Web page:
TBL: Name a song that describes your book best?

BB: That’s a real interesting one. I’ll alter (or bend) the question a bit in terms of “a song” (i.e., single).

The book, in terms of styles and structure, (and my character) is a mix of many different traits and influences, and so I think a “song” in the realm of Mashups / Bastard Pop / Plunderphonics would be most accurately representative.

There is a lot of great stuff to choose from, but I’ll pick Girl Talk (aka Gregg Gillis) and the album Feed The Animals. Now, technically, one may view the entire album stream as one long contiguous “song”, but it has been broken up into 14 consecutive tracks to make it more digestible.

It combines hundreds of song samples, artfully woven together in an aural tapestry to create something new. It similarly represents the way I slammed and fused many different elements on multiple fronts/topics together for the book’s tale. It is also perhaps a model for the way I think as well. If you don’t want to consider the album as one “song”, then feel free to pick any of the 14 constituent tracks for a random sample.

This Wired Magazine infographic deconstructs one track “What It’s All About” from the album, visually mapping out in time and layers all 35 samples used for that one song.


In terms of describing my character in the book, and what Bobby Bo may be thinking at the end of it all, the last three songs in the Epilogue playlist by Nada Surf, Eels, and West Indian Girl were purposely chosen in sequence to add another angle as to how to interpret the ending, and what may be going on inside Bob’s head that he isn’t otherwise communicating.

Listen to those three songs, if no others in the book, and a reader will probably come away with a modified / enhanced understanding or perspective of the ending than the one given by the text alone.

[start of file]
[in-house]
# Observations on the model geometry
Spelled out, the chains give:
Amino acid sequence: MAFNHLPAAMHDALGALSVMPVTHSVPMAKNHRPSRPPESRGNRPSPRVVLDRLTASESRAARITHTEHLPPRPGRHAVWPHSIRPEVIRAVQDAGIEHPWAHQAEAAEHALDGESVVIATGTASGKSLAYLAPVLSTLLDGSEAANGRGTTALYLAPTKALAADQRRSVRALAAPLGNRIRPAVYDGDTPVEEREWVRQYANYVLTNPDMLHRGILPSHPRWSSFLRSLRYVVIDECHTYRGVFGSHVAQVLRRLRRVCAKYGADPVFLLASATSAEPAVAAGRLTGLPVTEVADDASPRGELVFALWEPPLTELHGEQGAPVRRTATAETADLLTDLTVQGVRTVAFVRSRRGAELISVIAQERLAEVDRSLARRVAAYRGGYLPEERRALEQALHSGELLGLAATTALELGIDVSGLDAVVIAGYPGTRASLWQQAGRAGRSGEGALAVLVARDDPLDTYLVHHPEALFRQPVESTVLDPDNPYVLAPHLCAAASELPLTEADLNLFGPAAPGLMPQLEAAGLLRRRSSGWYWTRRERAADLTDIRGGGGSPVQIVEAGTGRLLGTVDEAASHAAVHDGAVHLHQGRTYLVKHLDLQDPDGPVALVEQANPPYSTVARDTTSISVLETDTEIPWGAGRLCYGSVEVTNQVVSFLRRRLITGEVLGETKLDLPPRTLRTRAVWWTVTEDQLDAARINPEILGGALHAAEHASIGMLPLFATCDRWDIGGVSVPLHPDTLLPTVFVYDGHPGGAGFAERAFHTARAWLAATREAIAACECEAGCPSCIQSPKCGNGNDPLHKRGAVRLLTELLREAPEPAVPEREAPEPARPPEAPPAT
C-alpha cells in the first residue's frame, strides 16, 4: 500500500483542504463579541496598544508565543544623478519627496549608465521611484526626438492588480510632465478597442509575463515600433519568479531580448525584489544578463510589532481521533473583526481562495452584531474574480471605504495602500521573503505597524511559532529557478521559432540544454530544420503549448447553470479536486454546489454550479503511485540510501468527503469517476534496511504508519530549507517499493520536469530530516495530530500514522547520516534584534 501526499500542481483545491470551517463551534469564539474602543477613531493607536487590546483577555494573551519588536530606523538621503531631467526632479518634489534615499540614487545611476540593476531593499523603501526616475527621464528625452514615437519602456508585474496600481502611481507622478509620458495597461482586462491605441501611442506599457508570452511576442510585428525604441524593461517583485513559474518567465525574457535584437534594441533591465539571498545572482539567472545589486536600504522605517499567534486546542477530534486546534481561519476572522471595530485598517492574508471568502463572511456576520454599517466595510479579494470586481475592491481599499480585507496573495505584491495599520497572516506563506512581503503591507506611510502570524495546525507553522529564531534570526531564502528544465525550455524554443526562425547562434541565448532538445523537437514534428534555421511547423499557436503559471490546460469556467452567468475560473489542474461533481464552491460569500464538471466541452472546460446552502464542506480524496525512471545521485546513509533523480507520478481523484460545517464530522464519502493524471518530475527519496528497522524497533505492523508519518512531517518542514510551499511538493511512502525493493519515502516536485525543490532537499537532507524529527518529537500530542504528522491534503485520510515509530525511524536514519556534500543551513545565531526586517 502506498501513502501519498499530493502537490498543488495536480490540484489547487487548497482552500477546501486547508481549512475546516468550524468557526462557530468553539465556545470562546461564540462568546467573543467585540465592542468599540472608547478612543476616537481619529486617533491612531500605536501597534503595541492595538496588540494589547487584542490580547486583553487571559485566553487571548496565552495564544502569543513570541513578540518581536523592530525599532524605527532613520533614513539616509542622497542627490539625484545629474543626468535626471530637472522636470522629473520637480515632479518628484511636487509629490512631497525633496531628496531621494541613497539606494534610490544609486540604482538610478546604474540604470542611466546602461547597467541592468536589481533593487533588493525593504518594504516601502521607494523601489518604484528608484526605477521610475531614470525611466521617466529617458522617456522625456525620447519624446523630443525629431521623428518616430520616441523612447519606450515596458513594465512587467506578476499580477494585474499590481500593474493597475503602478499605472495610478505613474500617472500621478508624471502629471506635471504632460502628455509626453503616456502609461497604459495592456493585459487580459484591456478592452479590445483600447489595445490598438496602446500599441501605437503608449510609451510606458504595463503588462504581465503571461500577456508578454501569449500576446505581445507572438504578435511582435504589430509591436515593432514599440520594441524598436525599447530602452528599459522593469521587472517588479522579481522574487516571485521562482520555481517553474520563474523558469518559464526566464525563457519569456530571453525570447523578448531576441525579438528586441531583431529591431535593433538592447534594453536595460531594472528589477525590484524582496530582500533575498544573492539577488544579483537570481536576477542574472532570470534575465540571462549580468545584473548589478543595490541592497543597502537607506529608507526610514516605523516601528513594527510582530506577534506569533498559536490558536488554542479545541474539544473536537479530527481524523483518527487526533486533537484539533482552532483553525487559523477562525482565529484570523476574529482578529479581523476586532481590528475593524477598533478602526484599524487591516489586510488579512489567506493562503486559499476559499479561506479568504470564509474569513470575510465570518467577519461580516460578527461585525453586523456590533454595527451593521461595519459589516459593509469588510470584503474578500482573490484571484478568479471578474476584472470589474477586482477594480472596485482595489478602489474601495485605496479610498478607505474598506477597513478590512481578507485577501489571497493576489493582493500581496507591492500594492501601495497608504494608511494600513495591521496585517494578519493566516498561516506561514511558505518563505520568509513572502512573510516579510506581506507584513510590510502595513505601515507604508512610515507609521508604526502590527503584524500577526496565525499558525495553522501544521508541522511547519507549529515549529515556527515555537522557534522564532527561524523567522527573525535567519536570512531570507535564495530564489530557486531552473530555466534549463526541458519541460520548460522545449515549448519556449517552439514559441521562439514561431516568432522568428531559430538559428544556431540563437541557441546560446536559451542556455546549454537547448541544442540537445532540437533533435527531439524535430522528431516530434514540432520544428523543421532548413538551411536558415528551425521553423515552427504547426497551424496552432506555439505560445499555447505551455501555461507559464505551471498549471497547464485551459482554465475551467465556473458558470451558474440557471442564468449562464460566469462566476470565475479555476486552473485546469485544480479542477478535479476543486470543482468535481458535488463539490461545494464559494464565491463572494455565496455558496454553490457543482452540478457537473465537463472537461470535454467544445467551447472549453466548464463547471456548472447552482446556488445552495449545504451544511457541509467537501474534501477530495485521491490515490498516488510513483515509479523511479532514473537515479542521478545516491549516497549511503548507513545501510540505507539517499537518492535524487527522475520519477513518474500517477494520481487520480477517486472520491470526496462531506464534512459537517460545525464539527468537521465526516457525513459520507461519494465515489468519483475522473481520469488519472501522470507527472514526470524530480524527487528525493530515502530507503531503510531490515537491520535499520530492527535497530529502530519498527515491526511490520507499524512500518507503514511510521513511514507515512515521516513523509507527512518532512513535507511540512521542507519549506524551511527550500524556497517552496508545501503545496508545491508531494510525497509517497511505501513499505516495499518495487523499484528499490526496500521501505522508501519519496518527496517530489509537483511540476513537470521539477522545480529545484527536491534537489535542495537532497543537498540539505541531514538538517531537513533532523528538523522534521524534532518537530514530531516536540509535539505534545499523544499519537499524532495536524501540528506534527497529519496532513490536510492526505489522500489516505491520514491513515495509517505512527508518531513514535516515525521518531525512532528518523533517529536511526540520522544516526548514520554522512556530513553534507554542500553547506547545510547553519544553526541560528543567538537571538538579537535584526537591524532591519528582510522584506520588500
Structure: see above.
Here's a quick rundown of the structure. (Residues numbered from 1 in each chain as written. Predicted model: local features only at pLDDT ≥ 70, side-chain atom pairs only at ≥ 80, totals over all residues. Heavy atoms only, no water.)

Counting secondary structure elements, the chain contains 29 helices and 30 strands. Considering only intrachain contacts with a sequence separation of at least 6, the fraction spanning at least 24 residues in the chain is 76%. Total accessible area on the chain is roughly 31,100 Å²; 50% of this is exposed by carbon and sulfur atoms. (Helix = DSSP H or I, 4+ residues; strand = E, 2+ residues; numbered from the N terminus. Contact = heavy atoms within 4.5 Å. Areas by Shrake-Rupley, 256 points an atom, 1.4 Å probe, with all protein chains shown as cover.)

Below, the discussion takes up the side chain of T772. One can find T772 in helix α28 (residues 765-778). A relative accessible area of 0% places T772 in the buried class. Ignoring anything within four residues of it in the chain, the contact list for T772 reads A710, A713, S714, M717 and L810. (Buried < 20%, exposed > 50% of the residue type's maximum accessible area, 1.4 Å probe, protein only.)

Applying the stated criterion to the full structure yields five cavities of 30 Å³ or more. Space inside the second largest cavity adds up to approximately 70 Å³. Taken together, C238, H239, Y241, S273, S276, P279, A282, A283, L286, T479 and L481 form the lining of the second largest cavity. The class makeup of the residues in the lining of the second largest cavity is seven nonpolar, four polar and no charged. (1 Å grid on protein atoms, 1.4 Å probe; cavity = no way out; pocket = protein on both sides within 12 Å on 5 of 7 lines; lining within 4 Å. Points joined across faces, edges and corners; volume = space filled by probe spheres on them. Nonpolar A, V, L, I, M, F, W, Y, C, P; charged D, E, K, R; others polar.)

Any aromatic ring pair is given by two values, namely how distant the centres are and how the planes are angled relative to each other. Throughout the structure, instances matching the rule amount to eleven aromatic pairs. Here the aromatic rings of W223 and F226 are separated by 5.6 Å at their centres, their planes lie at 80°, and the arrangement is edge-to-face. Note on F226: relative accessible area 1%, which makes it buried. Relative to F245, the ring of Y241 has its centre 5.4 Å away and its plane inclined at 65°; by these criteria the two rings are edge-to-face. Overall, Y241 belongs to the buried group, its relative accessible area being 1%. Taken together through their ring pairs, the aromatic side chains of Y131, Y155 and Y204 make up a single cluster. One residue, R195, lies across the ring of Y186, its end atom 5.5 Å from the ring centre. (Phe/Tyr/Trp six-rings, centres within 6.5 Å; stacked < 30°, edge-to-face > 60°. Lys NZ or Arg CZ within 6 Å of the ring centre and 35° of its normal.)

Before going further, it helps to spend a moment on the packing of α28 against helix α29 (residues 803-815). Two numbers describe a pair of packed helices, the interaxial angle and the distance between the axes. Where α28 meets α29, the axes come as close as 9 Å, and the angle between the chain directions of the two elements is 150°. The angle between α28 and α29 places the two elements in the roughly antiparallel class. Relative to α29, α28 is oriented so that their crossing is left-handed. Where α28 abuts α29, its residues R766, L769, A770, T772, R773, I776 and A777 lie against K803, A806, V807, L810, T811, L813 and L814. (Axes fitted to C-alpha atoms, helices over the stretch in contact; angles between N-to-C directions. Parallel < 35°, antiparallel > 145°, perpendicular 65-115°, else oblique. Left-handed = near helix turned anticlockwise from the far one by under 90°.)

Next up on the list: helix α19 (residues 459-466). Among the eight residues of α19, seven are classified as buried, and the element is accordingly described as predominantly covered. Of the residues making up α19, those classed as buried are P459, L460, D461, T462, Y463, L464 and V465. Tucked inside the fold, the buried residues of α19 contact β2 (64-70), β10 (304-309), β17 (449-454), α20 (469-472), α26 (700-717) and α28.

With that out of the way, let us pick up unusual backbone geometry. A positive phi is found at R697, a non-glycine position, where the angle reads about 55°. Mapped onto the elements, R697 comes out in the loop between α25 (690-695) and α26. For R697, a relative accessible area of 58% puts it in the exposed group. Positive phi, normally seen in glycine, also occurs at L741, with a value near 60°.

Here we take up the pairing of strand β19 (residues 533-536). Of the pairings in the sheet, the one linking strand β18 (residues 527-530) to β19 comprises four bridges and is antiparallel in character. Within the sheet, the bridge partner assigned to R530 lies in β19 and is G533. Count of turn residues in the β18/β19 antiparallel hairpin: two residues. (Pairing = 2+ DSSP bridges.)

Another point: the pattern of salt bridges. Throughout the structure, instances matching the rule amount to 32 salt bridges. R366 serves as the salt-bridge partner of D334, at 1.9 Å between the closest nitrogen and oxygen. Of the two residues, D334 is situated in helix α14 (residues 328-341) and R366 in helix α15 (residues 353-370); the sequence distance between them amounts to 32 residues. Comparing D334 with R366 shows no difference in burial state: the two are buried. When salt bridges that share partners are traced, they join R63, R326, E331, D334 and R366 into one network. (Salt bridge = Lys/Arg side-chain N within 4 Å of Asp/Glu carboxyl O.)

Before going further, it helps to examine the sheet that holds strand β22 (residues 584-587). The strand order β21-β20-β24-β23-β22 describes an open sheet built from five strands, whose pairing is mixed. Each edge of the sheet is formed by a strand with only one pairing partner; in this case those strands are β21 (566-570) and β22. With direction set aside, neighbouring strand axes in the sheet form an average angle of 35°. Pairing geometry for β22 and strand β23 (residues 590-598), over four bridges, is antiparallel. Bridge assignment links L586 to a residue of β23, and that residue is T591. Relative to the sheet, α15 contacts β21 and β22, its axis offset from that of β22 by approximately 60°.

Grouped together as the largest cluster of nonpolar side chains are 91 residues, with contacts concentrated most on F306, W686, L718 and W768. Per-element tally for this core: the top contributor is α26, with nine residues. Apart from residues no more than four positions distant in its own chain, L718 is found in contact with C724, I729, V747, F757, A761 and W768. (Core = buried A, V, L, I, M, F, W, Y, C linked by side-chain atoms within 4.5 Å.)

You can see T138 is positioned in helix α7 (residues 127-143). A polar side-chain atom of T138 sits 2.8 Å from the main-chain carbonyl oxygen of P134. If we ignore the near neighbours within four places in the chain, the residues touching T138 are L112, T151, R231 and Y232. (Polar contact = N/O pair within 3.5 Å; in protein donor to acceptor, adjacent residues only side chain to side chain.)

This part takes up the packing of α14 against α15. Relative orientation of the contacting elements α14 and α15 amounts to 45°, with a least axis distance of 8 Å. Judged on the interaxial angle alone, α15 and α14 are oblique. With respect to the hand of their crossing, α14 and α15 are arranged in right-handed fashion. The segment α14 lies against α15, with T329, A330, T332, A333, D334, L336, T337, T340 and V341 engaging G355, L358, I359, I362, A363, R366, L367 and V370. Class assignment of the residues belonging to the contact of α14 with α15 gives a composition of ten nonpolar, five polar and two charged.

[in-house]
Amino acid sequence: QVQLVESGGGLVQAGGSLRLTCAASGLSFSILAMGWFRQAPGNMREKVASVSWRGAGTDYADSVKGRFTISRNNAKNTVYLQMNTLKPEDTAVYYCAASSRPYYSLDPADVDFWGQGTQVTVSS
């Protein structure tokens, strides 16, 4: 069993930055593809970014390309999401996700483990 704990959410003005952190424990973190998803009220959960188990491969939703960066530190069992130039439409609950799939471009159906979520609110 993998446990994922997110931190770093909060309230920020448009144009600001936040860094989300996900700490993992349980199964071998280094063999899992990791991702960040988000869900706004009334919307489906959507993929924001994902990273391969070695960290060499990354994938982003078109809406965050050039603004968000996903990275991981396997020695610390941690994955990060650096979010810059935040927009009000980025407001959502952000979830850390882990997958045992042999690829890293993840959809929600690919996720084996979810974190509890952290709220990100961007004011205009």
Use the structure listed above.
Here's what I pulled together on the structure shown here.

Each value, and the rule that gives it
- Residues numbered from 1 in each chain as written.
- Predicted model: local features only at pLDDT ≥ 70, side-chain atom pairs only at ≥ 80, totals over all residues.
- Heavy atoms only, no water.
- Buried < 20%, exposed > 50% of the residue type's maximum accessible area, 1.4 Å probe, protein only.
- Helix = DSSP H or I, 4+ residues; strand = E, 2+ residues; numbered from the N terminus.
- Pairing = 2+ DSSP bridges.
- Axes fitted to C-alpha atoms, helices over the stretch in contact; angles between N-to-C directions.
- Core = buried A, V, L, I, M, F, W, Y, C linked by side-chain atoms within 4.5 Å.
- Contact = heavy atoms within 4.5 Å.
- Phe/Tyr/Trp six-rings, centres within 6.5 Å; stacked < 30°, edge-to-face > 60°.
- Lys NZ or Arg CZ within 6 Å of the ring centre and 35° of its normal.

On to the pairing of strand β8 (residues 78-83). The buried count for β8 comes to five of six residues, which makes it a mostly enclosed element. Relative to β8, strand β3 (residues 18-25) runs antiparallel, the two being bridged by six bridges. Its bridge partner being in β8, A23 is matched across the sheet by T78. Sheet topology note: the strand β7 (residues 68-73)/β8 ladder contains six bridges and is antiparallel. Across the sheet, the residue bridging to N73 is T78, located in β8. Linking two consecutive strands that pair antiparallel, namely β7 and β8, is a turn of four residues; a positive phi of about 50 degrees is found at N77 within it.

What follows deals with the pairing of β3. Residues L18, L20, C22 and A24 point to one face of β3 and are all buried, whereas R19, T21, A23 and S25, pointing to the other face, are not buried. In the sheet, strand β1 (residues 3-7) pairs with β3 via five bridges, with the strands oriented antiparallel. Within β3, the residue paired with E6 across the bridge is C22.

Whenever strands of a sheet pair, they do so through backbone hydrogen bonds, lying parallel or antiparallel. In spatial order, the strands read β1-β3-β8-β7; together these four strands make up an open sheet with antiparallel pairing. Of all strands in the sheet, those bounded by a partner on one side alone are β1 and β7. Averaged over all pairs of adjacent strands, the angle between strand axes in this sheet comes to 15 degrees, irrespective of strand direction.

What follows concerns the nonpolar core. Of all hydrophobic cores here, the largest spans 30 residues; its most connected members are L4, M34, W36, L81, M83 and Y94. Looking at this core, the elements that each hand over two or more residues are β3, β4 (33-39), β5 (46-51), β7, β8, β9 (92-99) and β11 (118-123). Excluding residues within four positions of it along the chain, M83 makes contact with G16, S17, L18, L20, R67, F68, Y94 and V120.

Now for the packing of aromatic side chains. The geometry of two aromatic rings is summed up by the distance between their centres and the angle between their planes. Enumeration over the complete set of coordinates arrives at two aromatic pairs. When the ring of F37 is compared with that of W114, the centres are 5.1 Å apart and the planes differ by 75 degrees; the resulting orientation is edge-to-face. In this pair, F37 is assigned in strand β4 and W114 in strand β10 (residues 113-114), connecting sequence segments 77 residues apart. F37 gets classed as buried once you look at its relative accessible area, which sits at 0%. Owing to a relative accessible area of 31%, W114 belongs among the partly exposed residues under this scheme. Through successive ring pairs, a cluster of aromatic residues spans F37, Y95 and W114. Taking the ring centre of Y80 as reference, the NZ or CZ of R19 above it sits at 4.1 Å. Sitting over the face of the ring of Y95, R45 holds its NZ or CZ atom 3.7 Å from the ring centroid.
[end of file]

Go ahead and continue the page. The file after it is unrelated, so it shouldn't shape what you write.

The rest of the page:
I could go on a bit more about the music in the book and its overall general purpose, but this web/blog post I did a while back sums it up pretty well.

TBL: Chocolate or vanilla?

BB: Well, let me start by saying I have generally been a savory over sweet person for quite a long time now. I will always make more room for that extra piece of pizza or another helping of the main dish, and forego dessert altogether in most cases.

But faced with a choice, if it’s ice cream, I will take vanilla as my preferred flavor, but some squares of chocolate will always trump ice cream in a face-off, but it need be dark chocolate.

White chocolate doesn’t count at all as real chocolate—strictly speaking it is considered a derivative product, and doesn’t have the cocoa solids. Milk chocolate as a choice probably will keep me sticking to savoury.

I am not a hoity-toity, fussy eater by any means, so faced with situations where there is no choice, I go with the flow, eat what’s there, and not bitch about luxury decisions. Overall, in this part of the world, many of us have it pretty good when it comes to food and lots of choices. I will eat just about anything within mainstream reason and not complain.

TBL: Any favorite things / likes you want to share?

BB: In no particular order:

Mode of transport – train, for the continuity, views, pace, and not needing to be captain; note this ain’t the same as the subway.

TV show as a kid – Ultraman (it’s from Japan in the 60s; we had this stuff growing up in Canuckistan even in the single digit channel universe at the time, pre-cable).